Upside Down Boats Repurposed As Beautiful Sheds (Photos)
Photo: Steve & Jemma Copley via Flickr
We know that deconstructing huge industrial ships for parts (ie. shipbreaking) can have a huge negative environmental and health impact in developing nations, but what about smaller water craft?
In the so-called "Holy Island" of Lindisfarne, a windswept tidal island located just off of the north-east coast of England, there's a local custom where retired ships are turned upside down and given new life as picturesque sheds.Photo: Steve & Jemma Copley via Flickr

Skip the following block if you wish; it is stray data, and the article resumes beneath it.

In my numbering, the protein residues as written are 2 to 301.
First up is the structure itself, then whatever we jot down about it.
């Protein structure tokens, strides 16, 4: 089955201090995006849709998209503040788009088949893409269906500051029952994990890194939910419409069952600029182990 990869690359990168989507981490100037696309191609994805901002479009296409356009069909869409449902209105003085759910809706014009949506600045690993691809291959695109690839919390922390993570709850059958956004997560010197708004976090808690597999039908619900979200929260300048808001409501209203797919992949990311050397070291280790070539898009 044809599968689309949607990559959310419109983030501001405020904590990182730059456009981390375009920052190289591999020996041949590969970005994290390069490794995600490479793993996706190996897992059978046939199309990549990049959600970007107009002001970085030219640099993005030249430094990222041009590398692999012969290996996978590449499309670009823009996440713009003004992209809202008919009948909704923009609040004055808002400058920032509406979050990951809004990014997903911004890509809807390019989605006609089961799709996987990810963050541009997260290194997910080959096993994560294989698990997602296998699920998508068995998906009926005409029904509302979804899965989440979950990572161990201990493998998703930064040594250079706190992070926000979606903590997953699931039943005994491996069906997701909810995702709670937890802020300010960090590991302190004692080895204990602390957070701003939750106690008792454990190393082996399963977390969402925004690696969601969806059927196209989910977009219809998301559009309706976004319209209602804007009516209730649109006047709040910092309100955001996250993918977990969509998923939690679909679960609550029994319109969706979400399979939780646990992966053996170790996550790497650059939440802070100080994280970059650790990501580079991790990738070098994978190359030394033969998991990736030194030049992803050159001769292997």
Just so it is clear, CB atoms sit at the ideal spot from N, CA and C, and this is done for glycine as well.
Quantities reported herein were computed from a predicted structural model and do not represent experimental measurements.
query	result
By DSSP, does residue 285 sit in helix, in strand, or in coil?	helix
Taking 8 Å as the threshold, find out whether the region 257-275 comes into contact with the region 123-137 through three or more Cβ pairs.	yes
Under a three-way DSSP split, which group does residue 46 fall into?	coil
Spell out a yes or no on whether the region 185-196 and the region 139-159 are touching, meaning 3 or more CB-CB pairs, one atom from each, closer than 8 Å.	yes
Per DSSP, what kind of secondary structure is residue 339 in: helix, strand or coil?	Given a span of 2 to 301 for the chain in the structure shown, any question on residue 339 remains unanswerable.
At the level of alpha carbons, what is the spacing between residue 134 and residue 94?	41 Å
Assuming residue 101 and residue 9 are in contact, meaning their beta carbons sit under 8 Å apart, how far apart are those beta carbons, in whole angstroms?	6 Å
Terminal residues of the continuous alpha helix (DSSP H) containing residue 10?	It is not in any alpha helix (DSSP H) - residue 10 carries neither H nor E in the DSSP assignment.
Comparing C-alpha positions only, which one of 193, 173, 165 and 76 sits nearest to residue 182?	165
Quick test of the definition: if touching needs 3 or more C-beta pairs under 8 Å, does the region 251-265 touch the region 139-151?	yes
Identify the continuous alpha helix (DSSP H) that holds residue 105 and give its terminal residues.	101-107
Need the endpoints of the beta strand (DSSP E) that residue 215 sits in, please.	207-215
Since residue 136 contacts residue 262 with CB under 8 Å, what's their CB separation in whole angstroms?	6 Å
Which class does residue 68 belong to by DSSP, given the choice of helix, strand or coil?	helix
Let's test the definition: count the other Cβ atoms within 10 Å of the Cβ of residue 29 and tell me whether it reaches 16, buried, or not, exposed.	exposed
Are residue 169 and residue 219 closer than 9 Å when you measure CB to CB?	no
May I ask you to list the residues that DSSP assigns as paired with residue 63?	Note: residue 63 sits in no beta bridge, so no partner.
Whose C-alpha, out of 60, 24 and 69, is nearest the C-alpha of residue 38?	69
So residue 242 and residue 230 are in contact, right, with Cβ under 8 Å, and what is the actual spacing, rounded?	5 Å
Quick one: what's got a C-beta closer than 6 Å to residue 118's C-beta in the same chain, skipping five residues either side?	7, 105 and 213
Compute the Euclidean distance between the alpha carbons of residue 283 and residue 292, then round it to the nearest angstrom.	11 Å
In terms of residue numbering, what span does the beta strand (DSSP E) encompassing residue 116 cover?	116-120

These particular sheds are made from old herring boats -- after being turned over, a door is added and voila! A fresh coat of paint and the boat sheds can look newer -- or straight out of a fairytale (incidentally, Lindisfarne also has its very own castle).
Lindisfarne's boat sheds may not be on the same level as other wacky sustainable boat concepts, but for this little island town of less than 200 inhabitants, these sheds certainly fit right in.
Follow Kimberley on Twitter or subscribe via RSS
More on Boats
Between A Ship And A Hard Place: Hazardous Shipbreaking In Alang, India
Boatanic: Urban Farming Aboard Tourist Boats
Infinyte Electric Boat: Ugly, But It Grows On You